Golden rectangle (grades 6-8)
This virtual manipulative can help students visualize the golden rectangle. It shows how a set of golden rectangles is generated by using the golden ratio (the ratio of the longer side to the shorter side of a golden rectangle) to create smaller golden rectangles within an initial rectangle. The size of the initial rectangle can be varied, and the center of the spiral generated by the applet can be seen. Instructions for using this online manipulative are included on the site, as is a link to th
Like any museum, this website called the Mathematics Museum provides some interesting visuals and explanations of various aspects of its subject, in this case mathematics. For example, the Fractal 3D Gallery includes video footage of 3D fractals and an FAQ section that provides some basic information on fractals. The Kodawari house includes some interesting math games and instruction for children as well as more advanced mathematics. Visitors can browse images created using Mathematica software
Astronomy Without a Telescope
Astronomy notes is an educational resource for introductory astronomy classes for undergraduates. This section describes: the celestial sphere, coordinate systems, the motion of the stars. There are also sections describing: time, the seasons, time zones, the phases of the moon, solar eclipses, lunar eclipses, and the motions of the planets.
Ten preparation steps for a successful group presentation
This resource informational piece, part of a series about the future of energy, introduces students to the process of making a successful group presentation. It lists 10 steps for students to follow when making presentations. These include: research and gather information, focus the group's efforts, create a story line, and self-evaluate, among others. Students are given guided questions and checklists for each of the 10 steps to self-evaluate whether they have successfully completed the step. A
Observe images of advection fog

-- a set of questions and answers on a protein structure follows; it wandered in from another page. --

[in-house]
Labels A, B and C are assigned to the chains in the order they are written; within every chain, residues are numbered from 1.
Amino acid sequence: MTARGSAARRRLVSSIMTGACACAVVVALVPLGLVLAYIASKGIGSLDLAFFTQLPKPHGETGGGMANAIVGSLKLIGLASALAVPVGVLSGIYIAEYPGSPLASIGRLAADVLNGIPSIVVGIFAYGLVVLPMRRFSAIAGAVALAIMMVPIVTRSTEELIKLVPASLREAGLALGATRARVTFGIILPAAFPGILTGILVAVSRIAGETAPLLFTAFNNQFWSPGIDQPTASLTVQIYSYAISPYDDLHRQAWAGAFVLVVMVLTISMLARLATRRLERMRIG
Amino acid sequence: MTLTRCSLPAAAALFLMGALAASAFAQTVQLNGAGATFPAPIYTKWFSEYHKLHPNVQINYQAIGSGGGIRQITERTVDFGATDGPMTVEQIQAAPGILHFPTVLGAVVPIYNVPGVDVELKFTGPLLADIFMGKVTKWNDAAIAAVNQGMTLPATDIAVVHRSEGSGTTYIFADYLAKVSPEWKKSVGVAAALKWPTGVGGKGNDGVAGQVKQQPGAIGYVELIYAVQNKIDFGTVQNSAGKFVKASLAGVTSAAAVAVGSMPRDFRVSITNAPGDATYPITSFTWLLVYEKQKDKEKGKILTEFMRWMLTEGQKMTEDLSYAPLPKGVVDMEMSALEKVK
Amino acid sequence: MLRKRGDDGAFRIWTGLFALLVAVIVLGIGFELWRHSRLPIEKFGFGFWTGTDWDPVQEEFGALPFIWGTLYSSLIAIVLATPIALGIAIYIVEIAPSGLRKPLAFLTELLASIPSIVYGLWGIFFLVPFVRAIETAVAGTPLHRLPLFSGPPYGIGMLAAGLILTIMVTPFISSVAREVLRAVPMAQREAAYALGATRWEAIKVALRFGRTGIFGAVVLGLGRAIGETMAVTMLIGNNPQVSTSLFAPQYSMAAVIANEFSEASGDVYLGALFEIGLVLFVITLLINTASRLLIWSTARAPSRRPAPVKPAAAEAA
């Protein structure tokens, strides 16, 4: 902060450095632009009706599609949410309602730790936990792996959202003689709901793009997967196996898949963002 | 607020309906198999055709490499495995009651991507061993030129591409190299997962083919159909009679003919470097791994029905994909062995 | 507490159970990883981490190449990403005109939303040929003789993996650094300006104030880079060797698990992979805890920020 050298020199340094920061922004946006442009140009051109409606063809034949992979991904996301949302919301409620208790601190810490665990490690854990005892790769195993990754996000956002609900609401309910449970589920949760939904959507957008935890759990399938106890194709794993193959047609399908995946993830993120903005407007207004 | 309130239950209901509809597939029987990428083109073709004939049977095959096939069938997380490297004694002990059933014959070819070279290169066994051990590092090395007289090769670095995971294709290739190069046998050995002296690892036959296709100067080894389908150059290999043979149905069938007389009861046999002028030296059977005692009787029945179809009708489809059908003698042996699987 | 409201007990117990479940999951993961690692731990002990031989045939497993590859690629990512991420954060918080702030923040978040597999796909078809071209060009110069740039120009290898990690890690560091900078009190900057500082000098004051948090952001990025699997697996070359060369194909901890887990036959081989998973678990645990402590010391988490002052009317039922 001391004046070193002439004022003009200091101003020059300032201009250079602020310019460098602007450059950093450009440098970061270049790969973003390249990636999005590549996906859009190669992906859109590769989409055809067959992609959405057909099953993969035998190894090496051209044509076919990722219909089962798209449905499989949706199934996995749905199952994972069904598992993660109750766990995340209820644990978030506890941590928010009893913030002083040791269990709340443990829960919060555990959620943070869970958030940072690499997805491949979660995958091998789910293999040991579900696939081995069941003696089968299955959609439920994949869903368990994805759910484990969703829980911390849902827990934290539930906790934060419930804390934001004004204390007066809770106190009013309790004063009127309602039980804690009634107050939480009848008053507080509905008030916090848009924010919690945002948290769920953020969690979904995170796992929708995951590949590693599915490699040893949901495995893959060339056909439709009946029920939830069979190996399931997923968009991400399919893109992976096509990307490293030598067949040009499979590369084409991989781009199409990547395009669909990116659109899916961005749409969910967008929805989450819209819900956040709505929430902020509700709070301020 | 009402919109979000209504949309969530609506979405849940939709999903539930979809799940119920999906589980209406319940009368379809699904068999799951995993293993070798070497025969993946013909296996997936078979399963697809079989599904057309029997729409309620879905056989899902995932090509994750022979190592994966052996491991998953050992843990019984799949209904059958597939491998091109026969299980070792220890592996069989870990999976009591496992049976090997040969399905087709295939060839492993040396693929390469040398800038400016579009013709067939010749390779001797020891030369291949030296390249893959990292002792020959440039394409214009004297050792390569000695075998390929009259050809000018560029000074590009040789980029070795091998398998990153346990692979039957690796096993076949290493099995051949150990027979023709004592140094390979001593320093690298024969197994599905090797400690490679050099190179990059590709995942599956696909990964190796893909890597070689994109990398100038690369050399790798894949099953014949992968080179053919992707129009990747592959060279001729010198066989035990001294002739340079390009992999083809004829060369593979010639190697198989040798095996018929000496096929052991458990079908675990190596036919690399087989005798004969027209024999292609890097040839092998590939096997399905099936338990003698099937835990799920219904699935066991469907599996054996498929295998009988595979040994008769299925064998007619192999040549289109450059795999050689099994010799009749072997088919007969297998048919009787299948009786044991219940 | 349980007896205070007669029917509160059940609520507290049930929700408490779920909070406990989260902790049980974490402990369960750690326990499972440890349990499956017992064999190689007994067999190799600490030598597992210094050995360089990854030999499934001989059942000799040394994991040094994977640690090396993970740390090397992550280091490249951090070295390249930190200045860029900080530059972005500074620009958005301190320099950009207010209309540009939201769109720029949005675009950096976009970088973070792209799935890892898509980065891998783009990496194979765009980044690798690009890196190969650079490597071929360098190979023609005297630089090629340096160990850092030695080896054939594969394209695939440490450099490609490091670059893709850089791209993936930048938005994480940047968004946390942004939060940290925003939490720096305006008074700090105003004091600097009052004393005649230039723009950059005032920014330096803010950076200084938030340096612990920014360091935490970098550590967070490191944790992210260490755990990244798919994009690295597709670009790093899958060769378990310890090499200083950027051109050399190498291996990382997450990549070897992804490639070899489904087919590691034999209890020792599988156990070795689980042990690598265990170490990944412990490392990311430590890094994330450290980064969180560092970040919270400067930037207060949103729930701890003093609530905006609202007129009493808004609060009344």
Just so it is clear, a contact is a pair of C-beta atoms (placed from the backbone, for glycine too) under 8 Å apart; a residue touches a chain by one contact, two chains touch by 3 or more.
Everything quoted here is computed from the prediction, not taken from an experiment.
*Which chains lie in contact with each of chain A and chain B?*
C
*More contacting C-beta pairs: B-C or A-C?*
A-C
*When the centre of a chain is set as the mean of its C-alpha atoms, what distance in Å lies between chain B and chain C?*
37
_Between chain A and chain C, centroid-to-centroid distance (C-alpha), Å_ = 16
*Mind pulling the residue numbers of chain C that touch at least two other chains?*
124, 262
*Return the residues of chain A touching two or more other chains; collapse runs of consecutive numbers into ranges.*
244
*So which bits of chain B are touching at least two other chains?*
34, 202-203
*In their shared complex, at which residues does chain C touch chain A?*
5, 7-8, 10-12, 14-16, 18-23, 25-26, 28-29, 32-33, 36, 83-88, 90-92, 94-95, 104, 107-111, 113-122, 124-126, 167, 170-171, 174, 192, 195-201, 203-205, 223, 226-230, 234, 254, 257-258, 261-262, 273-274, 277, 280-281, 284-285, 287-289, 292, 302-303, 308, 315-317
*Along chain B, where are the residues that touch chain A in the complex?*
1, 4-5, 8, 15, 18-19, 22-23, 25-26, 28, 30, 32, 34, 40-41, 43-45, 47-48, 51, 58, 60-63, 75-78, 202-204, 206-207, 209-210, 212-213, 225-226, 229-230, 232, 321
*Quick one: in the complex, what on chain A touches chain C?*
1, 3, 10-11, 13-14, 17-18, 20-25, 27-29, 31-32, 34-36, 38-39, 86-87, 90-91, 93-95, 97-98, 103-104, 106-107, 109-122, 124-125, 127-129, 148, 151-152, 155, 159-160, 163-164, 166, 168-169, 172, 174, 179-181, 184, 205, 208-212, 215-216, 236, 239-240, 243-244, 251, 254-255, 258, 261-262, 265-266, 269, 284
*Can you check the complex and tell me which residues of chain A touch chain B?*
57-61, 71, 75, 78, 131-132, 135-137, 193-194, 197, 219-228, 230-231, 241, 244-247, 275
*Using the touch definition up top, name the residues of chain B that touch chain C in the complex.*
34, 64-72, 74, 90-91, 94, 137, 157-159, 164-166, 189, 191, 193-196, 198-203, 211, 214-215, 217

This Earth science resource presents six photographs depicting examples of advection fog along various coastal areas in the United States. The introduction explains how advection fogs form and provides a brief explanation of how they differ from radiation fogs. Students are instructed to click on each labeled image to see an enlarged version of it. Each enlarged version includes a caption that describes the location of the fog relative to local landmarks in the picture. Copyright 2005 Eisenhower
How can you go eighty miles per hour on a bicycle?
Is it possible for a human to ride a bicycle at the speed of 80 miles per hour? This riddle asks students how such a feat could be accomplished. On a clue page, students read about and view a brief video clip of two boys experimenting to see if a certain combination of gears can help them bike faster. When students select the correct answer from the riddle's three answer choices, a video clip plays about a unique kind of aerodynamic bicycle. A cyclist talks about the special design features--the
Measuring What Counts: A Conceptual Guide for Mathematics Assessment
To achieve national goals for education, we must measure the things that really count. Measuring What Counts establishes crucial research-based connections between standards and assessment. Arguing for a better balance between educational and measurement concerns in the development and use of mathematics assessment, this book sets forth three principles--related to content, learning, and equity--that can form the basis for new assessments that support emerging national standards in mathematics e
How do physicists make new particles? In this page of a particle physics tutorial, students are introduced to the concept of converting kinetic energy to mass. Students read that low-mass particles placed into an accelerator can be smashed together to produce more massive particles through the conversion of energy to mass. They see an example in which two pieces of fruit are accelerated and smashed, and additional types of fruit are produced. Copyright 2005 Eisenhower National Clearinghouse